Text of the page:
Keywords: Research Methods/ Statistical Methods
    Date: 2018–08–31
  11. By: Huning, Thilo; Wolf, Nikolaus
    Abstract: We analyze the foundation of the German Zollverein as an example of how geography can shape institutional change. We show how the redrawing of the European map at the Congress of Vienna 1815, notably Prussia's control over the Rhineland and Westphalia, affected the incentives for policymakers to cooperate. Our argument comes in three steps. First, we show that the new borders were not endogenous to trade. They were at odds with the strategy of Prussia in 1815, but followed from Britain's intervention at Vienna regarding the Polish-Saxon question. Second, we develop a theoretical framework, where state planners set tariffs on imports and transits to maximize revenue. We show that in a world with transit tariffs a revenue-maximizing state planner faces a trade-off between benefits from cooperation and the cost of losing geographical advantage. In a third step we calibrate the model combining historical data on prices, freight rates, and market sizes with GIS data on lowest costs routes under endogenous tariffs. We then run counterfactuals to show how borders affected incentives: if Prussia would have succeeded with her strategy to gain the entire Kingdom of Saxony instead of the western provinces, the Zollverein would not have formed. We conclude that geography can shape institutional change. To put it differently, as a collateral damage to her intervention at Vienna, Britain unifed Germany.
    Keywords: Customs Union; Economic Geography; Germany; Trade agreements; Transit Trade
    JEL: D74 F13 F15 F55 N73
    Date: 2019–03
  12. By: Fabrizio Guzzo (European Commission - JRC); Carlo Gianelle (European Commission - JRC); Elisabetta Marinelli (European Commission - JRC)
    Abstract: This paper illustrates the results of a survey on the Smart Specialisation experience across European regions and countries. By collecting and analysing the views of national and regional authorities, the survey intended to take stock of Smart Specialisation Strategies implementation, identify critical issues and challenges while drawing some lessons and recommendations in light of the debate on the post-2020 Cohesion Policy. Overall, despite being considered particularly challenging in terms of policy intelligence, skills and capabilities for public authorities and other stakeholders, Smart Specialisation experience is positively valued by the vast majority of respondents. Substantial improvements are detected with respect to: stakeholder engagement, priority setting, concentration of funding, level of trust and emergence of innovation potential; whereas, more efforts are needed in relation to the quality and effectiveness of monitoring activities and strategies’ outward-looking perspective. Further progress is still required as regards the policy regulatory framework, governance and institutional capabilities along with the involvement of relevant actors (notably SMEs and civil-society groups) who have remained at the margin of the decision making process thus far. With respect to the ultimate objective of the policy, national and regional actors are not observing significant progresses towards economic transformation yet. Respondents recommend to maintain the current policy framework for the future, while introducing new elements to improve strategies’ efficacy and make Smart Specialisation more responsive to the specific needs of different territories.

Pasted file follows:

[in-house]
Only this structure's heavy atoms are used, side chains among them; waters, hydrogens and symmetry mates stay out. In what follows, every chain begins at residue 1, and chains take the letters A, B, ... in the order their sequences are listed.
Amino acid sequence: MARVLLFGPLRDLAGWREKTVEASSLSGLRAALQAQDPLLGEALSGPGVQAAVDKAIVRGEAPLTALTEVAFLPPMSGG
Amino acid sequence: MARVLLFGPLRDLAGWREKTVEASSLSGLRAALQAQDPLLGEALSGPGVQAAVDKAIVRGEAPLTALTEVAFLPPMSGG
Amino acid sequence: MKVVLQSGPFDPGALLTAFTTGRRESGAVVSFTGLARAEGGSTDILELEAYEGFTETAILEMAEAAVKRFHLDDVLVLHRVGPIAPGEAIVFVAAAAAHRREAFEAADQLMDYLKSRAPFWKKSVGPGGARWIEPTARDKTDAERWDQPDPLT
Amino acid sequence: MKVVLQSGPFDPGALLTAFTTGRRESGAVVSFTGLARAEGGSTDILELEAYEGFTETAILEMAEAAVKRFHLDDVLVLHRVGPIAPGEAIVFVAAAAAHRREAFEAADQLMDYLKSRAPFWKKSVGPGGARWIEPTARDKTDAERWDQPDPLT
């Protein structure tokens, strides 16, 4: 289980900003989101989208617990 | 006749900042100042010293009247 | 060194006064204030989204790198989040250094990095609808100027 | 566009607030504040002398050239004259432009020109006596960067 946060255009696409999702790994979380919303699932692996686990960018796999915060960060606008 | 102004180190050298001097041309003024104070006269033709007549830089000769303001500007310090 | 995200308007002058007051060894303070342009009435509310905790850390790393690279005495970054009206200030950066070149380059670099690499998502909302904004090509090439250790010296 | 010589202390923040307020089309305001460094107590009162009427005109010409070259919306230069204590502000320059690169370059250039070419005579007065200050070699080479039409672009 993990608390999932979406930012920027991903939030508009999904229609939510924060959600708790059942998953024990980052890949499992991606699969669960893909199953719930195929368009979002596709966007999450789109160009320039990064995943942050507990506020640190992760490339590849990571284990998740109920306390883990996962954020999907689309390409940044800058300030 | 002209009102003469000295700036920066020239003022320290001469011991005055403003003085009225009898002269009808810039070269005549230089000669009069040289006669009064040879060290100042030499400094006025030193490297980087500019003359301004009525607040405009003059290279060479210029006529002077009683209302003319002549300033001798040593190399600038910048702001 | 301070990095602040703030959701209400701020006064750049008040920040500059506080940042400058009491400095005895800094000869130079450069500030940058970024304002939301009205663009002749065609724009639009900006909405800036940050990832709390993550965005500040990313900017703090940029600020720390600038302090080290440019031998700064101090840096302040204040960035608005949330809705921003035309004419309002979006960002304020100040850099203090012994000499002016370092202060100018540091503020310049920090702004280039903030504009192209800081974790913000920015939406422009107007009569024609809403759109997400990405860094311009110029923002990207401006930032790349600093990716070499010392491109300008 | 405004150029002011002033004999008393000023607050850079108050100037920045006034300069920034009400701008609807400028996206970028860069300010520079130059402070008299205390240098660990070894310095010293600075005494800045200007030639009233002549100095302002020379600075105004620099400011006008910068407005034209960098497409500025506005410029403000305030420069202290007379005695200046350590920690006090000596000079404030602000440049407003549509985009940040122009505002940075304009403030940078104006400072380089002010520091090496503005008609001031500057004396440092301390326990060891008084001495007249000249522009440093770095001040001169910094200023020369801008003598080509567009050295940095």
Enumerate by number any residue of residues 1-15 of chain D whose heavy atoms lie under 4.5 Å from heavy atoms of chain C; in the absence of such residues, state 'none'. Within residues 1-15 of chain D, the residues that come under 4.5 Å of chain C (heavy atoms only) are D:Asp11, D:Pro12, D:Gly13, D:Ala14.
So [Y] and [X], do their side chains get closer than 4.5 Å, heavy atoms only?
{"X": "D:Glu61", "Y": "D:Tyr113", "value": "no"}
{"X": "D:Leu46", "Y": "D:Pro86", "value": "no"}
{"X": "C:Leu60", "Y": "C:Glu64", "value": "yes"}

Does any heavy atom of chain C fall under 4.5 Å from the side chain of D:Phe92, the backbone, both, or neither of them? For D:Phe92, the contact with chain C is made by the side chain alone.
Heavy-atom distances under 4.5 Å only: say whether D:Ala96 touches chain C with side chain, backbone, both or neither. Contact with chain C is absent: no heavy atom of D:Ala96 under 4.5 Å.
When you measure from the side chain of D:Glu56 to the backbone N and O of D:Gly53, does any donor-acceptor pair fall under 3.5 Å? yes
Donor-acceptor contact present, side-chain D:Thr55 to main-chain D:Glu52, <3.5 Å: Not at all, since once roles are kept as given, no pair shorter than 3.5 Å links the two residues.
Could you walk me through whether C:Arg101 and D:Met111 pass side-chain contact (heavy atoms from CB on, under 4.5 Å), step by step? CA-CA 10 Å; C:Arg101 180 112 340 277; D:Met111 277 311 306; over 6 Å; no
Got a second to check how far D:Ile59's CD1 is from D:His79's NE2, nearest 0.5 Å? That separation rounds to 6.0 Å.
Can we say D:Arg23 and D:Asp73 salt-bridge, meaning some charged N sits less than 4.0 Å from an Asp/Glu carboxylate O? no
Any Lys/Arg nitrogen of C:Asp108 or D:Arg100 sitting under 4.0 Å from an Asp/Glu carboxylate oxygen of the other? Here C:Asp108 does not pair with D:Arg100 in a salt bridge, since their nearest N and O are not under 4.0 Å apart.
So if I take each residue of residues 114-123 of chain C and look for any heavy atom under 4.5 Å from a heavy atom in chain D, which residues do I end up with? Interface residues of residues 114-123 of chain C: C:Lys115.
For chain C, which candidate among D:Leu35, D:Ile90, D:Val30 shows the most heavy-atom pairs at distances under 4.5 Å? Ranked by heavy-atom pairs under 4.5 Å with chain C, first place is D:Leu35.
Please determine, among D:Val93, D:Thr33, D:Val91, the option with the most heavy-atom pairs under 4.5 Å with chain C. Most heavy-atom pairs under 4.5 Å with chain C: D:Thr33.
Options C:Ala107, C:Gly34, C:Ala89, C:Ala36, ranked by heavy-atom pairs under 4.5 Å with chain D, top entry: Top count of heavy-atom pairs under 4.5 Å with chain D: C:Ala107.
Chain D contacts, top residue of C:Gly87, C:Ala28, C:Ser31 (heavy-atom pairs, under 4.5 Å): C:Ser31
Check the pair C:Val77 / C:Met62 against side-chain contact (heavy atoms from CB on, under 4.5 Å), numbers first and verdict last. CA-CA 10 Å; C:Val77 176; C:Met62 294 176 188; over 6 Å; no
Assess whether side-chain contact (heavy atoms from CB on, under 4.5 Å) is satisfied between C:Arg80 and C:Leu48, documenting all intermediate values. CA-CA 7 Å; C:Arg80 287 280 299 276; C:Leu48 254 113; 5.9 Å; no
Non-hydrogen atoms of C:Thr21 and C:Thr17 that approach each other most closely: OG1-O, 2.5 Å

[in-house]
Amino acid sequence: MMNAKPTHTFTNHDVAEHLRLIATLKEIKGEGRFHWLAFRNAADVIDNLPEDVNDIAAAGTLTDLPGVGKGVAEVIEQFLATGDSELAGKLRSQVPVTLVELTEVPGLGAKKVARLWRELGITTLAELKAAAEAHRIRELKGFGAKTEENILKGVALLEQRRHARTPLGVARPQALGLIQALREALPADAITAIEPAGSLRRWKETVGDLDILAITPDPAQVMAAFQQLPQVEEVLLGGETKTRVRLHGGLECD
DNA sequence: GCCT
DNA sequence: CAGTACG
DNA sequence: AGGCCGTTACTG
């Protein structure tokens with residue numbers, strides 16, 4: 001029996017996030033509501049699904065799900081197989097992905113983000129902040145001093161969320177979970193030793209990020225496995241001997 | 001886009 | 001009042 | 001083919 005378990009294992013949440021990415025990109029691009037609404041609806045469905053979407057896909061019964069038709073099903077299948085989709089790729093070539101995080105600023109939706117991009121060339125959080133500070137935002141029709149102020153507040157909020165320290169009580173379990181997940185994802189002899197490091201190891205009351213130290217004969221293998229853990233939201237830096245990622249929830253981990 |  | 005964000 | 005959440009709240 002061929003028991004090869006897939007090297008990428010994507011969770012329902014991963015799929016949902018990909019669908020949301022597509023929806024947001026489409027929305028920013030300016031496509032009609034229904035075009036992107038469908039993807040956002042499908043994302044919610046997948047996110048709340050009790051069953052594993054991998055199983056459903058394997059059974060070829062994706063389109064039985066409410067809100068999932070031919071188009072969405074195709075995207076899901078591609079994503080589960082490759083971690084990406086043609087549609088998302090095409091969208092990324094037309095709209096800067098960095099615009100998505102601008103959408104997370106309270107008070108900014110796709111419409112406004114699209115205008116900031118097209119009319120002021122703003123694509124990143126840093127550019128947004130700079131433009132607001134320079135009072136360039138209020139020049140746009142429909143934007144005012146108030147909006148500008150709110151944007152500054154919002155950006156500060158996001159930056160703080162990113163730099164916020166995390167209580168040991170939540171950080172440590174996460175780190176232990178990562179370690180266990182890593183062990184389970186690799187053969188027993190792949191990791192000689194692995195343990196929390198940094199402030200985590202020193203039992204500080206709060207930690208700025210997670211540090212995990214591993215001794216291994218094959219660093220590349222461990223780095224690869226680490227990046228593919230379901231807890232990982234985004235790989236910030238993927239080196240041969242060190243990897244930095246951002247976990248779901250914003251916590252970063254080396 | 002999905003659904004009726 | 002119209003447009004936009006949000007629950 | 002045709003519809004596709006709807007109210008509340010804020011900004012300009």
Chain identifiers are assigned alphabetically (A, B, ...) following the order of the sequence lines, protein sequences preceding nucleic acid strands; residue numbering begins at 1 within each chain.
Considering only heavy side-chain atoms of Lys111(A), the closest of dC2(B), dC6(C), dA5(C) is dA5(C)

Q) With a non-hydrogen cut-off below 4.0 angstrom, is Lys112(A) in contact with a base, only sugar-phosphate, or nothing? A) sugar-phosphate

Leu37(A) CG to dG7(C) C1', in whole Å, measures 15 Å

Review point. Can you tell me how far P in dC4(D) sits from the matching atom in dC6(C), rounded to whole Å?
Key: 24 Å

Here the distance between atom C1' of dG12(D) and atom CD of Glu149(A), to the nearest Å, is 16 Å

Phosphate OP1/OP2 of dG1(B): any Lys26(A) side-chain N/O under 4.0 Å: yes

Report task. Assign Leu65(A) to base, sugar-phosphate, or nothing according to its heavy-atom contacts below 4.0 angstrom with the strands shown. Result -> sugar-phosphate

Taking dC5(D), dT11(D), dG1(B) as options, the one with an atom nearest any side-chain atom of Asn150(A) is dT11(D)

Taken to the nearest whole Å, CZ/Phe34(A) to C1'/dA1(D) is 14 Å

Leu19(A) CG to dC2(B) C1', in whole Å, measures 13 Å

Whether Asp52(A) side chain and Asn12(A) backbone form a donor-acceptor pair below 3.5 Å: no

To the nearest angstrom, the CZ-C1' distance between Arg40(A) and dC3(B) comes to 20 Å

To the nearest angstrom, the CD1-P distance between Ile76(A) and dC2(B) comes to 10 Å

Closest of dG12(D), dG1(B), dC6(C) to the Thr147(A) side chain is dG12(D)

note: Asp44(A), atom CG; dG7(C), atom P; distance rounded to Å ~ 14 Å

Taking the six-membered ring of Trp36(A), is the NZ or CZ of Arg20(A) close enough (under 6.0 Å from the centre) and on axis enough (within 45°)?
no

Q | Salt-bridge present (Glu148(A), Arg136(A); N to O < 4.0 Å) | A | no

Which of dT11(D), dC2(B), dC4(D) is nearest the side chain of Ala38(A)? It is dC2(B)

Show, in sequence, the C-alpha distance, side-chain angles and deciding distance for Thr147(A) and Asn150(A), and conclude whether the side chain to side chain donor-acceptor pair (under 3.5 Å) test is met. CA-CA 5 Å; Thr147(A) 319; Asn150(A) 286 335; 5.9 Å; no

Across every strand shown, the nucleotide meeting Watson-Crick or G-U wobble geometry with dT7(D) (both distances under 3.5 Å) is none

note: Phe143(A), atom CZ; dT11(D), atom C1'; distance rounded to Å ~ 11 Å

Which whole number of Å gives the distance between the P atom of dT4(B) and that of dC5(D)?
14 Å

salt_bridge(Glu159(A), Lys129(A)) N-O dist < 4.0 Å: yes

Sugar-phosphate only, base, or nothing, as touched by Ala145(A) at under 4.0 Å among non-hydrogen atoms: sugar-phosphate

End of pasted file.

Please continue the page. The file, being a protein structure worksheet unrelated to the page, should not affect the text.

Keywords: Regional innovation policy; Smart Specialisation; EU Cohesion policy
    JEL: O25 O30 R12 R58
    Date: 2018–11